Drinking water to quench our thirst is a basic instinct that most of us have, but those who suffer from degenerative neurological diseases have trouble staying hydrated since the part of the brain which recognizes dehydration doesn’t always work properly.
People with dementia can simply forget to drink, or where to find water. There might be stages of the disease where the patient forgets how to drink or swallow.
A young engineer with a heart of gold rolled his sleeves up to help his grandmother, who has dementia, fight dehydration when he encountered the scary reality of the disease in a hospital.
The thought occurred to Lewis Hornby after his grandmother Pat had to be hospitalized for dehydration, spending 24 hours getting IV fluids.
In order to help his grandmother and many more, he developed Jelly Drops which are bite-sized edible water pods that come in many colors. These tasty treats which are over 90% of water were also a part of his university master's degree.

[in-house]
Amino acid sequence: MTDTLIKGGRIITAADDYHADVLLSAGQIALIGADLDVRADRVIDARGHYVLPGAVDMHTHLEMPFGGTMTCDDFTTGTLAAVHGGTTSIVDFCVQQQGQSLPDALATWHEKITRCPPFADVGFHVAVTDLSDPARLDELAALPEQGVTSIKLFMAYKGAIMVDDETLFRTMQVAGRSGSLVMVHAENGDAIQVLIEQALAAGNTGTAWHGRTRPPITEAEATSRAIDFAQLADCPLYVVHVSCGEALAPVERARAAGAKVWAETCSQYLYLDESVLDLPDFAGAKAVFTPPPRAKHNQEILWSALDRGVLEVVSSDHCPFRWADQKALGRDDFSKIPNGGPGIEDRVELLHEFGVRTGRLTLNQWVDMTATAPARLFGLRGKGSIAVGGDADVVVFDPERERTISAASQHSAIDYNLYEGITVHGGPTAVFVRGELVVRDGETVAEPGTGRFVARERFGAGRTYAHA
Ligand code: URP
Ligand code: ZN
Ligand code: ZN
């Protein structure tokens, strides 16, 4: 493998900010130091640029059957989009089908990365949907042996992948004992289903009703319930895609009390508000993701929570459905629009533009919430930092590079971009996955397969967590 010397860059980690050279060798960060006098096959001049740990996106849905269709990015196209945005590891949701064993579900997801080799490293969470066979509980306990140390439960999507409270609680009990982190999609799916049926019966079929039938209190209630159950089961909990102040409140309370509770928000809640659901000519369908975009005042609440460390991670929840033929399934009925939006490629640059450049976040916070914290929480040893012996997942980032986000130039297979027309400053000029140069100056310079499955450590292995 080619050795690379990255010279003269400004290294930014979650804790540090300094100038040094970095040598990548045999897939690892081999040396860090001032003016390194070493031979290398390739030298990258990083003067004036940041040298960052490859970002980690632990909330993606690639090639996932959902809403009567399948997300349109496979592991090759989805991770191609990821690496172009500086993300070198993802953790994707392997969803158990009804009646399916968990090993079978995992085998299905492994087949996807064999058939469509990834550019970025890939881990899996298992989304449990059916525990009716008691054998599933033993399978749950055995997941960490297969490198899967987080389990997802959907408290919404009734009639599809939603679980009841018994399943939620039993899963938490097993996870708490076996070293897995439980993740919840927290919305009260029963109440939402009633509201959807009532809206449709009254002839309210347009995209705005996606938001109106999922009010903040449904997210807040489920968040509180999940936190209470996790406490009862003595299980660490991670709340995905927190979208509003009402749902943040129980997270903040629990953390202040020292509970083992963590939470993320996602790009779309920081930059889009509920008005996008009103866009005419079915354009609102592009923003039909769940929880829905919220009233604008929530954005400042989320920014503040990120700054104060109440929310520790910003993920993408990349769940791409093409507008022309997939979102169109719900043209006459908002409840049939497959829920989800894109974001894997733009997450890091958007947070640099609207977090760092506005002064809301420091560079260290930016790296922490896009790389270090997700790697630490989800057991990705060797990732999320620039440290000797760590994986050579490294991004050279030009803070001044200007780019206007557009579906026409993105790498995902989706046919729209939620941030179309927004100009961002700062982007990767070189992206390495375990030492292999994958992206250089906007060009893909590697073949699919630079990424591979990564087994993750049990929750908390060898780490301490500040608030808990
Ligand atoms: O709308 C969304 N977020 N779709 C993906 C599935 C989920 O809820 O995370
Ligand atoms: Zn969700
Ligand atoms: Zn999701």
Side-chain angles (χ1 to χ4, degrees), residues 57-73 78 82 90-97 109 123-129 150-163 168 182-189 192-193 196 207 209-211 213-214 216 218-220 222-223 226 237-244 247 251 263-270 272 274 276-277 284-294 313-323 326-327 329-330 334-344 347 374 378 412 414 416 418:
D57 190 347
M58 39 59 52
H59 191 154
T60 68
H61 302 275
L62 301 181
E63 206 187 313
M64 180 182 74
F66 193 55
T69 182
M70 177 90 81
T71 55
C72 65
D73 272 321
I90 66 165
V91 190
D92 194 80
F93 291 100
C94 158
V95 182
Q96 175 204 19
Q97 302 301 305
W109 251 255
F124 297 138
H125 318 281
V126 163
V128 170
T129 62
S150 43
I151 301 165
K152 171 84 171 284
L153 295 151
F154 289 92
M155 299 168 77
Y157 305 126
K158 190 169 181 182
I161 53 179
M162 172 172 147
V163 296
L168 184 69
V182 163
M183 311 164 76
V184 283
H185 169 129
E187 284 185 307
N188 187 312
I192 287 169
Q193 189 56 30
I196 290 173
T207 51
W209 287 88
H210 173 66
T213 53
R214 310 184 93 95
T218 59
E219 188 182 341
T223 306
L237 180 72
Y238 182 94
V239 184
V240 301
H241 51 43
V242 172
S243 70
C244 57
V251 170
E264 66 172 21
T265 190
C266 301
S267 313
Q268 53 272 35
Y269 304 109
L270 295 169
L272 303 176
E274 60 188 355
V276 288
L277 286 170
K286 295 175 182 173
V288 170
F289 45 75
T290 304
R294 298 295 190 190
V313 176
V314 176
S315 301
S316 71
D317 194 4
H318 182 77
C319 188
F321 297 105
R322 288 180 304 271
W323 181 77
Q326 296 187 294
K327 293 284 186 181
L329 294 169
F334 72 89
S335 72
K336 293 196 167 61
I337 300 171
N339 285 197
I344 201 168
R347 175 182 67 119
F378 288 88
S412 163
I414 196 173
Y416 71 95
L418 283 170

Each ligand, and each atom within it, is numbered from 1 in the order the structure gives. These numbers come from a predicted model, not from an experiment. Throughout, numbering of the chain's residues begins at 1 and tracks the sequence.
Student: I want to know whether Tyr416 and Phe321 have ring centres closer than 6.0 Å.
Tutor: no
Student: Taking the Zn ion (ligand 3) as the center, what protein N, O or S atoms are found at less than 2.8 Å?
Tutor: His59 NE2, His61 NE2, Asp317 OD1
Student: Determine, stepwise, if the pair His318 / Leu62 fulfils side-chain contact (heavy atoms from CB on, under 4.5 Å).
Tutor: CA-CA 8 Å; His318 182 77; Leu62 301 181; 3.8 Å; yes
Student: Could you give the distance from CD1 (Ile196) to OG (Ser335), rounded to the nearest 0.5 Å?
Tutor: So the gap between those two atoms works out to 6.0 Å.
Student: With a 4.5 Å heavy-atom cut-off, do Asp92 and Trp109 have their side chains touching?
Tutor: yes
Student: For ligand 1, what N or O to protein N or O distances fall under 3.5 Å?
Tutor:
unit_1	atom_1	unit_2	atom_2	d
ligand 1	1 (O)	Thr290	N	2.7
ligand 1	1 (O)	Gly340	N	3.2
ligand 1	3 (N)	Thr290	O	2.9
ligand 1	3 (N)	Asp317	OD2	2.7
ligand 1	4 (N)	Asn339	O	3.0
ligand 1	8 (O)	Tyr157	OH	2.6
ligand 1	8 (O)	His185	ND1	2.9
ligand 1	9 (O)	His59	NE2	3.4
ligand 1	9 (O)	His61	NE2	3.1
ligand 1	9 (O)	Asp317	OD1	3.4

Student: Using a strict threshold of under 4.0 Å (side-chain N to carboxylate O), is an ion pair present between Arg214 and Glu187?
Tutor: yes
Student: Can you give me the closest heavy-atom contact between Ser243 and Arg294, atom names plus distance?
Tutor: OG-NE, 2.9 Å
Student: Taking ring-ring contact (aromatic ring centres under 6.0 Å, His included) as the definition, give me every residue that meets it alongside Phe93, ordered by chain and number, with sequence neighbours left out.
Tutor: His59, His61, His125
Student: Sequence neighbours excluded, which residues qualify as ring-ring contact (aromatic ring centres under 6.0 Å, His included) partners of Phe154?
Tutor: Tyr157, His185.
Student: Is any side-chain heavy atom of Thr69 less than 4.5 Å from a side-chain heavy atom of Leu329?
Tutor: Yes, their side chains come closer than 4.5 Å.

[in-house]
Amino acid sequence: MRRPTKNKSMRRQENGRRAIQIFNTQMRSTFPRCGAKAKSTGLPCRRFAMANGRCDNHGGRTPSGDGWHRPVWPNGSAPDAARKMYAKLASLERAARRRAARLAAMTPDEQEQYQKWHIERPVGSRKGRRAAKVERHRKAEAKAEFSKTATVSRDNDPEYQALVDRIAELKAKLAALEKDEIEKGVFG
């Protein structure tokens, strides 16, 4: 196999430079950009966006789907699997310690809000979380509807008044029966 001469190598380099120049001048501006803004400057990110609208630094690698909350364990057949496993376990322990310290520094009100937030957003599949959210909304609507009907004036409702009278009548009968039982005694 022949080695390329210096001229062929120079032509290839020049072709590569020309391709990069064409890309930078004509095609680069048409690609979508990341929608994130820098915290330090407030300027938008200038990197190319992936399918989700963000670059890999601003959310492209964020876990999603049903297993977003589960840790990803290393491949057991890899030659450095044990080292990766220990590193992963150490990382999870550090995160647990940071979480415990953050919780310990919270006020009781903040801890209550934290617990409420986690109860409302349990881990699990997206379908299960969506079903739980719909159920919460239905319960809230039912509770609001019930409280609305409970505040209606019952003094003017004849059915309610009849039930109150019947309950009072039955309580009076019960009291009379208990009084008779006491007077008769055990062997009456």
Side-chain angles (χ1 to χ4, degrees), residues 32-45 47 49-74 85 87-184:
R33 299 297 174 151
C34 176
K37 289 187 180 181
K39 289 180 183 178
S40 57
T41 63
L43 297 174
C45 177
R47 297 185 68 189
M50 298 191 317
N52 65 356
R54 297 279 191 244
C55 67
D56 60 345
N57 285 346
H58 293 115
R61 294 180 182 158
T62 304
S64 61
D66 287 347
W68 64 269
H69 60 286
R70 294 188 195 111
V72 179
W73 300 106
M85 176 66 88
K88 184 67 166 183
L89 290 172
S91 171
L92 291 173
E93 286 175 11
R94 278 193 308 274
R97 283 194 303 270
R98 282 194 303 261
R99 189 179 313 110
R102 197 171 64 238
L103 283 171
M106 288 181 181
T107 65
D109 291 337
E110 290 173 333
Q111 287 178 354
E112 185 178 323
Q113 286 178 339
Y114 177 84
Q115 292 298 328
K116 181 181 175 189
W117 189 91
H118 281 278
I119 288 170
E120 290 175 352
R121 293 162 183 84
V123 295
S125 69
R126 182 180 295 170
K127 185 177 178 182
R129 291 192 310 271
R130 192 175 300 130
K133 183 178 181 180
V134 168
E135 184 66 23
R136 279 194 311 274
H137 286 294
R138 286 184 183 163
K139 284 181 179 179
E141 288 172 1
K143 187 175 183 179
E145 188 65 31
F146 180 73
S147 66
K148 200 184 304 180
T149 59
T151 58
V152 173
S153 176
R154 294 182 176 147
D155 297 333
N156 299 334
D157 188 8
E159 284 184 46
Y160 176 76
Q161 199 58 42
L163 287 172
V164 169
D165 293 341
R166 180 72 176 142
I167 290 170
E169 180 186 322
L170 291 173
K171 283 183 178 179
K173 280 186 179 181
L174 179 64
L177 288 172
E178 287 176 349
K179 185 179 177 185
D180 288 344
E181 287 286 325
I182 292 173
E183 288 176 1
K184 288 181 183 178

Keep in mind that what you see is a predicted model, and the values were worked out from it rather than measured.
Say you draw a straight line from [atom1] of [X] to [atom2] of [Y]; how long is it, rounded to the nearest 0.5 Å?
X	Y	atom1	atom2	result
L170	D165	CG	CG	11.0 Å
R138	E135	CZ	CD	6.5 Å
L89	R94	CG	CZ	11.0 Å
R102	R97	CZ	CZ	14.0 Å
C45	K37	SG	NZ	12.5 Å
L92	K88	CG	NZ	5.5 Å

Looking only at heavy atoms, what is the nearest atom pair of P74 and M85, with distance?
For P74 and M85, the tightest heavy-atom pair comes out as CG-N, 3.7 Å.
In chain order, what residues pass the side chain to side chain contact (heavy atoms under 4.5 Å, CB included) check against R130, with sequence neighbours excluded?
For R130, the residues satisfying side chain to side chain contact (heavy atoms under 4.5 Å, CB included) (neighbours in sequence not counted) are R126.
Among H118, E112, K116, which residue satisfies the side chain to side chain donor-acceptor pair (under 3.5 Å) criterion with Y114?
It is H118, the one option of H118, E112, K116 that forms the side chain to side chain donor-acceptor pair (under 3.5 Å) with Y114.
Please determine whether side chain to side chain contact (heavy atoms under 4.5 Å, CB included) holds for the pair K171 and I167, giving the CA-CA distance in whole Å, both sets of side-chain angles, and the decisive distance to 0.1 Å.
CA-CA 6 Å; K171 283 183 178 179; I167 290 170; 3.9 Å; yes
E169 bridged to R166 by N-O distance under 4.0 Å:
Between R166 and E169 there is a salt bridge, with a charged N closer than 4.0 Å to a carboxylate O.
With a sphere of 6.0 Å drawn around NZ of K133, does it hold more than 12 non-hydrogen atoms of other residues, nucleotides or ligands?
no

These treats are almost all-water except the gelling agents and electrolytes that make up 10% of their composition. They come in a box of chocolates, and their lively colors make them even more attractive to the patients.
During the process of developing the idea, Hornby realized that people with dementia find eating much easier than drinking. When they are introduced with water they can eat in the form of a treat, they instantly recognize it and know how to interact with it.
According to Hornby, “When first offered, grandma ate seven Jelly Crops in 10 minutes, the equivalent to a cup full of water – something that would usually take hours and require much more assistance.”
Needless to say, everyone was happy with his project. Now in 2020, Hornby and his team are working hard to make Jelly Drops available to purchase. It will be available to individuals as well as care homes.
The product is still on trial; however, his grandmother Pat is not the only one who enjoys the tasty treats.
There are some young fans present too.
Hornby and his sweet grandmother Pat’s story is an example of how inventions can stem from needs, but it is the compassion that makes the most impact and warms our hearts.